Boston’s Price is now able to play catch
David Price was able to take part in a brief game of catch Saturday, a small sign of progress for the Boston left-hander’s ailing pitching elbow.
Red Sox Manager John Farrell said Price didn’t throw off a mound but was able to “get the arm moving with a ball in flight.” There’s still no timetable for Price’s return.
Price, 31, is entering the second year of a seven-year, $217 million contract. Price felt discomfort in his elbow the day after pitching two innings of a simulated game Feb. 28. He left camp March 3 to meet with specialist James Andrews and physician Neal ElAttrache, who recommended rest and anti-inflammatory medication rather than surgery or an injection.
ASTROS: Houston Manager A.J. Hinch will have to wait at least one more day to get his complete lineup into a game.
Shortstop Carlos Correa, back with the club after the World Baseball Classic, complained of midsection soreness brought on by extensive coughing and requested one more day off.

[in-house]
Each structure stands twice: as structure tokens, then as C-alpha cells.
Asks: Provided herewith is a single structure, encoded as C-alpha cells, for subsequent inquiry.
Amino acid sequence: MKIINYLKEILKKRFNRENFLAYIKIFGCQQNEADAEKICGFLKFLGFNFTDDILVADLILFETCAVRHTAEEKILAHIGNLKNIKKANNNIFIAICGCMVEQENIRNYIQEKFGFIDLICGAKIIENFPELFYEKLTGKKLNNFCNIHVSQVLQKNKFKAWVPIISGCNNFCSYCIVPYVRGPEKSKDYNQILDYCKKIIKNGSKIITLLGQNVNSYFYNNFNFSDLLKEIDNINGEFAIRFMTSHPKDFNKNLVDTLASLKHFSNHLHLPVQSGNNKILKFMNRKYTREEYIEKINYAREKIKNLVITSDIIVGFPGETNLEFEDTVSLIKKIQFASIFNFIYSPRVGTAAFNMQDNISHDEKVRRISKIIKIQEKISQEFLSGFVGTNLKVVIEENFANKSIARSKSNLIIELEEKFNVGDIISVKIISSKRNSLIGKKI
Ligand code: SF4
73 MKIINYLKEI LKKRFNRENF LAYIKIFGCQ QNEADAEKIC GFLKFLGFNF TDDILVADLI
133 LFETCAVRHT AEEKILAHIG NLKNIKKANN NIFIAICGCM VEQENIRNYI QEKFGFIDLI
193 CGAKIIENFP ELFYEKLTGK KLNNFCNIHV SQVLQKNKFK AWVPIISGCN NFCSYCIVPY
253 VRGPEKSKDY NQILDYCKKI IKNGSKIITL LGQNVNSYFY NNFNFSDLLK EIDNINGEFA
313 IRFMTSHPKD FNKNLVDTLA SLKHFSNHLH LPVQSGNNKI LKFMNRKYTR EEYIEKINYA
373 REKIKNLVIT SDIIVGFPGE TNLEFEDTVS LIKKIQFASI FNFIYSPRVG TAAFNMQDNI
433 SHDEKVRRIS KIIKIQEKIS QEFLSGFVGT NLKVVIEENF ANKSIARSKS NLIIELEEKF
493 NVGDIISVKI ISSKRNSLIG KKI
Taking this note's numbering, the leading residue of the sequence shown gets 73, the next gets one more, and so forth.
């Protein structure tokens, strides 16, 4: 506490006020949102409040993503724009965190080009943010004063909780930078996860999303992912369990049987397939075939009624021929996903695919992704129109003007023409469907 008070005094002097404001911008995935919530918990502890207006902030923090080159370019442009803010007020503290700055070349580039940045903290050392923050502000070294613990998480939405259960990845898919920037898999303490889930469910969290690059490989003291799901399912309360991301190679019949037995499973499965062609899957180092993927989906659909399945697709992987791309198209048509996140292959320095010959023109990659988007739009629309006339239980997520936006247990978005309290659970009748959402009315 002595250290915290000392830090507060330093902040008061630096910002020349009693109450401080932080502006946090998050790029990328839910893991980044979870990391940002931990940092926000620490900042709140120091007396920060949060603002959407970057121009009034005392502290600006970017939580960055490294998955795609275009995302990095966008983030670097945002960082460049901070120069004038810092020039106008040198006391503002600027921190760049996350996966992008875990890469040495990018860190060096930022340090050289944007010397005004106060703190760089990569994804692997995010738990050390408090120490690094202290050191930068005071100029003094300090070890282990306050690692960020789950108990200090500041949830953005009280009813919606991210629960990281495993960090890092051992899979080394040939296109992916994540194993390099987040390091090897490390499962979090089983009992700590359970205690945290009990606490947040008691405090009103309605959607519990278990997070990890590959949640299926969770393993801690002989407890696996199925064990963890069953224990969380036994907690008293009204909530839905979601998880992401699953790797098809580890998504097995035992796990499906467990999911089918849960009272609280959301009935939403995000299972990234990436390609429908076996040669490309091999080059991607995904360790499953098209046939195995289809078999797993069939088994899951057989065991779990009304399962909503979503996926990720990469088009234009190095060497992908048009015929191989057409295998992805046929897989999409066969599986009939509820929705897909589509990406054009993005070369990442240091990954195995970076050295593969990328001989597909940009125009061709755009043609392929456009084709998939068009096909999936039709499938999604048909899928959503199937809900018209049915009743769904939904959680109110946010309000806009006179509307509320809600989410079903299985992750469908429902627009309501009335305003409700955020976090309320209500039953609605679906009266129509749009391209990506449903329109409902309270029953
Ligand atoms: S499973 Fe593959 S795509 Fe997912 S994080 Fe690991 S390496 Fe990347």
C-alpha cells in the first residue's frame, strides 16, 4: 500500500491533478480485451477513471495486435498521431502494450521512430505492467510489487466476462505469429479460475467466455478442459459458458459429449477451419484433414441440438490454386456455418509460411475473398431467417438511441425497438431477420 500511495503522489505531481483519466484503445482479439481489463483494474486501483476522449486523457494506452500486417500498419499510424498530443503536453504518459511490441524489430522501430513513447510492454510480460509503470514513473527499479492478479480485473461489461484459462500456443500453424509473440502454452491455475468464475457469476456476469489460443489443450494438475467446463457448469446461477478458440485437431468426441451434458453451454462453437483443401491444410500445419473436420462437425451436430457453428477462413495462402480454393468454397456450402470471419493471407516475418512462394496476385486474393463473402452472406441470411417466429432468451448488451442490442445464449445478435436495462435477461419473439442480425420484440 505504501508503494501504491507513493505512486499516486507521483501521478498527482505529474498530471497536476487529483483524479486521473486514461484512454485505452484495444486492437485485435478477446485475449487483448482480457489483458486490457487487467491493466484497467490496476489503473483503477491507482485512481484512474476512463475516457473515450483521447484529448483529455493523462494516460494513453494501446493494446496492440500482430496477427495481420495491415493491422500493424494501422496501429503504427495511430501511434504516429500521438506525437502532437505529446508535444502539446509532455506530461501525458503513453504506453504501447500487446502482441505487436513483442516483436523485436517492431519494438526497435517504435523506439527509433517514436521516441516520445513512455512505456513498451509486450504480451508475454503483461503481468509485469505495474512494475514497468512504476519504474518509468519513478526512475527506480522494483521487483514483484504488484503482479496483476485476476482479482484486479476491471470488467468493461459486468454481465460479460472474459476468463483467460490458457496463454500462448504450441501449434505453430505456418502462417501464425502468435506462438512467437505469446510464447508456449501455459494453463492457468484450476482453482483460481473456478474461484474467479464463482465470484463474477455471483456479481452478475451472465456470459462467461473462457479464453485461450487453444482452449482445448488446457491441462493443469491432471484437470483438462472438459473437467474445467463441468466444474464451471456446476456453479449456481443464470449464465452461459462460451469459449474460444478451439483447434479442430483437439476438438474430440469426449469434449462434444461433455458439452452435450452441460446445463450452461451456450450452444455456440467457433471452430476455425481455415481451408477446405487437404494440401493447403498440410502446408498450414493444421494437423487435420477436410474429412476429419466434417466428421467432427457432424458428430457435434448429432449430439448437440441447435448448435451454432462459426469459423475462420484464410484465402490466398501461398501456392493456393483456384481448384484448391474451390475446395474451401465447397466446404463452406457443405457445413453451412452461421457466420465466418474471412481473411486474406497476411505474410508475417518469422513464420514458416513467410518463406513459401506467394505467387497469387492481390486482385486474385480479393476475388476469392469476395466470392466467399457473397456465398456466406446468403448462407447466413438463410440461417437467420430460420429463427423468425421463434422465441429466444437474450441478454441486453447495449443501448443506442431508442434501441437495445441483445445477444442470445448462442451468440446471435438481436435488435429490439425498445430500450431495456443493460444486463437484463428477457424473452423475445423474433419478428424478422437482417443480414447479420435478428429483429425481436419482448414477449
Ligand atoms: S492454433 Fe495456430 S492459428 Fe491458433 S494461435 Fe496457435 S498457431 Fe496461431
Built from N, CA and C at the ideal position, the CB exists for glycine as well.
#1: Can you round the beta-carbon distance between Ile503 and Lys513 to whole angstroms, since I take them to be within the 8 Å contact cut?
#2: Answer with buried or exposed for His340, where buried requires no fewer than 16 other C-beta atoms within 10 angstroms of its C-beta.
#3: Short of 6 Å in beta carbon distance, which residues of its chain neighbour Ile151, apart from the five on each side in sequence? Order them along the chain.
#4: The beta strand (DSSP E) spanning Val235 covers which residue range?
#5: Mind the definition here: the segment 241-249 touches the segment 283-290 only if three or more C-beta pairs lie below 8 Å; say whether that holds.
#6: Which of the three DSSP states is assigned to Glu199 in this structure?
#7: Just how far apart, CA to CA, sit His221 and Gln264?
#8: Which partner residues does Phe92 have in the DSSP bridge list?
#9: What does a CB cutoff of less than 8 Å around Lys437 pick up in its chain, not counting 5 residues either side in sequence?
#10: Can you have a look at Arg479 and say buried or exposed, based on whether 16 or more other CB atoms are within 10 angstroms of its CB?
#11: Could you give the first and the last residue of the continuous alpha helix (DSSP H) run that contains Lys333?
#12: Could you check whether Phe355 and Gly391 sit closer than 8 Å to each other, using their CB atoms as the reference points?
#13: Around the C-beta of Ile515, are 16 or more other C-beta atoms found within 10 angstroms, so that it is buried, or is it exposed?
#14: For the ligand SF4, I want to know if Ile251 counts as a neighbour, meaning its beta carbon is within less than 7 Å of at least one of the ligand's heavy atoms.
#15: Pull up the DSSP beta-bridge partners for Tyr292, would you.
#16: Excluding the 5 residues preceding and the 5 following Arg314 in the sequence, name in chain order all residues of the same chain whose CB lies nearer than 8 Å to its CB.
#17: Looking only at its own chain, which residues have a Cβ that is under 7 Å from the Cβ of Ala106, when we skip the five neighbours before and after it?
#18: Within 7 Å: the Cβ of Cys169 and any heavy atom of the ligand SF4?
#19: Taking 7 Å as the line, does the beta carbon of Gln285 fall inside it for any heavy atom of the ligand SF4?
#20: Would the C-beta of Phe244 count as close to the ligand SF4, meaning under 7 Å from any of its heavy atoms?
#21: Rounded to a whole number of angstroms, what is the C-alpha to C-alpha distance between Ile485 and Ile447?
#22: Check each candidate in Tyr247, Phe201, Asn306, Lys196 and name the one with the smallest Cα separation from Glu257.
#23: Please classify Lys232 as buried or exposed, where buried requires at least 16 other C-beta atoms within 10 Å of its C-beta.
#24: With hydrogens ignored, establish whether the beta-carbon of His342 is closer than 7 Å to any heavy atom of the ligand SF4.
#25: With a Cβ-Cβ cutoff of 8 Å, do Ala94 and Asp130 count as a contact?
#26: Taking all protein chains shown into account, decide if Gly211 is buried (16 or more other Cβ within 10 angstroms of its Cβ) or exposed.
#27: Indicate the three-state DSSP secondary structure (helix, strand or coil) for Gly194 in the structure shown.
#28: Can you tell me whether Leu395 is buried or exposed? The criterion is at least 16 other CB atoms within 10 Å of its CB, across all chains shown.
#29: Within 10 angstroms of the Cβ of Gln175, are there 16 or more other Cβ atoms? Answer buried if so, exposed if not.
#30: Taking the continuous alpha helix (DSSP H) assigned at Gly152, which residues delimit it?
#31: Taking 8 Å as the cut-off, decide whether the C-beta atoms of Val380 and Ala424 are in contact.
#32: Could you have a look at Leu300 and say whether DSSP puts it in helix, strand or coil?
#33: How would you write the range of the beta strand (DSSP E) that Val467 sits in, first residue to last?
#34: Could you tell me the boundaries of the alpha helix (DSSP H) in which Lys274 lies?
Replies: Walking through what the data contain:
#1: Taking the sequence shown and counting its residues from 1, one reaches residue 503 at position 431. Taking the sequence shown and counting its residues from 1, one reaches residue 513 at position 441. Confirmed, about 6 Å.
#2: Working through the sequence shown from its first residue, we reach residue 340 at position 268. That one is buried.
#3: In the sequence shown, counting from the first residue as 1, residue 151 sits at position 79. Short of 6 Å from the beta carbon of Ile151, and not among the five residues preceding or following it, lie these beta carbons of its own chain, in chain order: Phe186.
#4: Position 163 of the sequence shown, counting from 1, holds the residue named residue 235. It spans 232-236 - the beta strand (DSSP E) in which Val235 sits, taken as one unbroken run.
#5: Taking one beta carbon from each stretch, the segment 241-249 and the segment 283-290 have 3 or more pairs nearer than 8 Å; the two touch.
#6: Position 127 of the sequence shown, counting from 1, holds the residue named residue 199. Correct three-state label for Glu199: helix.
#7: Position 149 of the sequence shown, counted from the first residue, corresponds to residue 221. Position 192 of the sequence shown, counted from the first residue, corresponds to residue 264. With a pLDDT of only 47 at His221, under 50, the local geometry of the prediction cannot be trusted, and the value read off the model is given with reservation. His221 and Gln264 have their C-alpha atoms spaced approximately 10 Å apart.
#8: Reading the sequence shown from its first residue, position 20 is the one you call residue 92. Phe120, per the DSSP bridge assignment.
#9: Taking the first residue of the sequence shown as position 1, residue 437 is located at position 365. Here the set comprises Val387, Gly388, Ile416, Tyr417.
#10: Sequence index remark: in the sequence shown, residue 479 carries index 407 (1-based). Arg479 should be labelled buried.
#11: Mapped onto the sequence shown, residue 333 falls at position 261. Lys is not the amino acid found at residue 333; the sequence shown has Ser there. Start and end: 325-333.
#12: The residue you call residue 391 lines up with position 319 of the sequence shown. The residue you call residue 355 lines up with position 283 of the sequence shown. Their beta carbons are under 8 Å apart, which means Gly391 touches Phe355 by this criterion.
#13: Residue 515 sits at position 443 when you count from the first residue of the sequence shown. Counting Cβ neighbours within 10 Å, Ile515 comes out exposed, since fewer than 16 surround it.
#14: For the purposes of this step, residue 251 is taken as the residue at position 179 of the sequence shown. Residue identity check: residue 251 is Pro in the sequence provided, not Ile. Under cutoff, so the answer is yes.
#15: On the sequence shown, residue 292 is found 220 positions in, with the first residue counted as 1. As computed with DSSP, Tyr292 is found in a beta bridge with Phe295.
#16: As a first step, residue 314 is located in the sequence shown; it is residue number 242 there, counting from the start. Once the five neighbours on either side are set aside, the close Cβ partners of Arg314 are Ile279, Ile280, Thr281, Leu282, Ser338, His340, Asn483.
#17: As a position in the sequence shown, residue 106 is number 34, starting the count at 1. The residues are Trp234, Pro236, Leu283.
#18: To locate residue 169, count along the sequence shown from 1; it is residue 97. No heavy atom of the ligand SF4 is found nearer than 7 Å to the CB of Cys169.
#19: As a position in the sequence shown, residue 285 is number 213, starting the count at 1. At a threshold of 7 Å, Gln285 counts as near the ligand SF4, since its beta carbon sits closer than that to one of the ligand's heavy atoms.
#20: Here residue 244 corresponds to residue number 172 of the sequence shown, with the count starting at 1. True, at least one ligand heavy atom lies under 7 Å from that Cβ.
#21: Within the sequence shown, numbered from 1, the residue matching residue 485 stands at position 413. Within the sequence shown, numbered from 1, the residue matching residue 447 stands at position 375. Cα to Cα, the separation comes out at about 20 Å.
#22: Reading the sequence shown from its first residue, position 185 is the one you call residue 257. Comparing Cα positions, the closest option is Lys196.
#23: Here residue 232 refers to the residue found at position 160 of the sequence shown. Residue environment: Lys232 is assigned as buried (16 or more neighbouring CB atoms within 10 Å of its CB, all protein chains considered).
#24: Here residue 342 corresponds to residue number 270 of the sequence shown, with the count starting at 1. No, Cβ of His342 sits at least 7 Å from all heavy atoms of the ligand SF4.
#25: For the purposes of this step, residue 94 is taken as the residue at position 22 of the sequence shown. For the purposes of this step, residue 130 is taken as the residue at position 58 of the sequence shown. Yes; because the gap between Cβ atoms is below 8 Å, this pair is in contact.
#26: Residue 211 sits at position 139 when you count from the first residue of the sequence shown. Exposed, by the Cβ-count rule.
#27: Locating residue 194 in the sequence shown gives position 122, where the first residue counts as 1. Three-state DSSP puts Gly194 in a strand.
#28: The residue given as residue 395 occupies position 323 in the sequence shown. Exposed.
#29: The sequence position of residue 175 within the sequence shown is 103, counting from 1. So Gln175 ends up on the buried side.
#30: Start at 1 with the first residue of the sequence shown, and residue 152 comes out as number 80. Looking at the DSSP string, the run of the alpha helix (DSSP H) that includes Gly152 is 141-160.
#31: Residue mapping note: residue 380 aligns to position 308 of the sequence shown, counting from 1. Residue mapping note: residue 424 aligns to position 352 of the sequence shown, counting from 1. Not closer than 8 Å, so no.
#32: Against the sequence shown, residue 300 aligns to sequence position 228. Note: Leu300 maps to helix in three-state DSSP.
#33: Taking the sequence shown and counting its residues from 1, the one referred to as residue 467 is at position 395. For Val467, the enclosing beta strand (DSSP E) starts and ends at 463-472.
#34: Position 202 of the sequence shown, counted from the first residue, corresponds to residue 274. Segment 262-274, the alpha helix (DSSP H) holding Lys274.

Correa started feeling cold-like symptoms while still in Los Angeles for the WBC championship game. He didn’t arrive back in Florida until early Friday and Saturday morning marked his first time back in the clubhouse.
Playing for Puerto Rico, Correa hit .333 with three homers to lead a run to the silver medal.
INDIANS: Outfielder Lonnie Chisenhall will be sidelined for three days after spraining his right shoulder when he crashed into a wall.
Chisenhall was examined Saturday, a day after he was hurt chasing a flyball against the Cubs.
Second baseman Jason Kipnis, who had been shut down for two weeks because of shoulder trouble, resumed baseball activity.
“Kipnis took some swings in the cage and some mild throwing,” Manager Terry Francona said. “He is feeling good.”
Bunting becoming a dying art
Get ’em on, move ’em over, drive ’em in.
That old-school philosophy doesn’t play in the major leagues anymore. Teams rely more on the long ball than small ball.
As a result, the sacrifice bunt is a dying art.
There were only 1,025 sacrifices in the majors last season, down from 1,667 in 2011. The average of .21 sacrifices per game in 2016 was the lowest in baseball history, according to Baseball Reference.
The influence of sabermetrics is a major reason sacrifice bunts are down — batters just don’t try to get ’em down anymore.
“A lot of managers don’t like to waste outs and they consider a bunt a wasted out,” said Philadelphia first base coach Mickey Morandini.
Sabermetricians have argued for years that teams have a better chance of scoring a runner from first base with no outs than scoring a runner from second base with one out.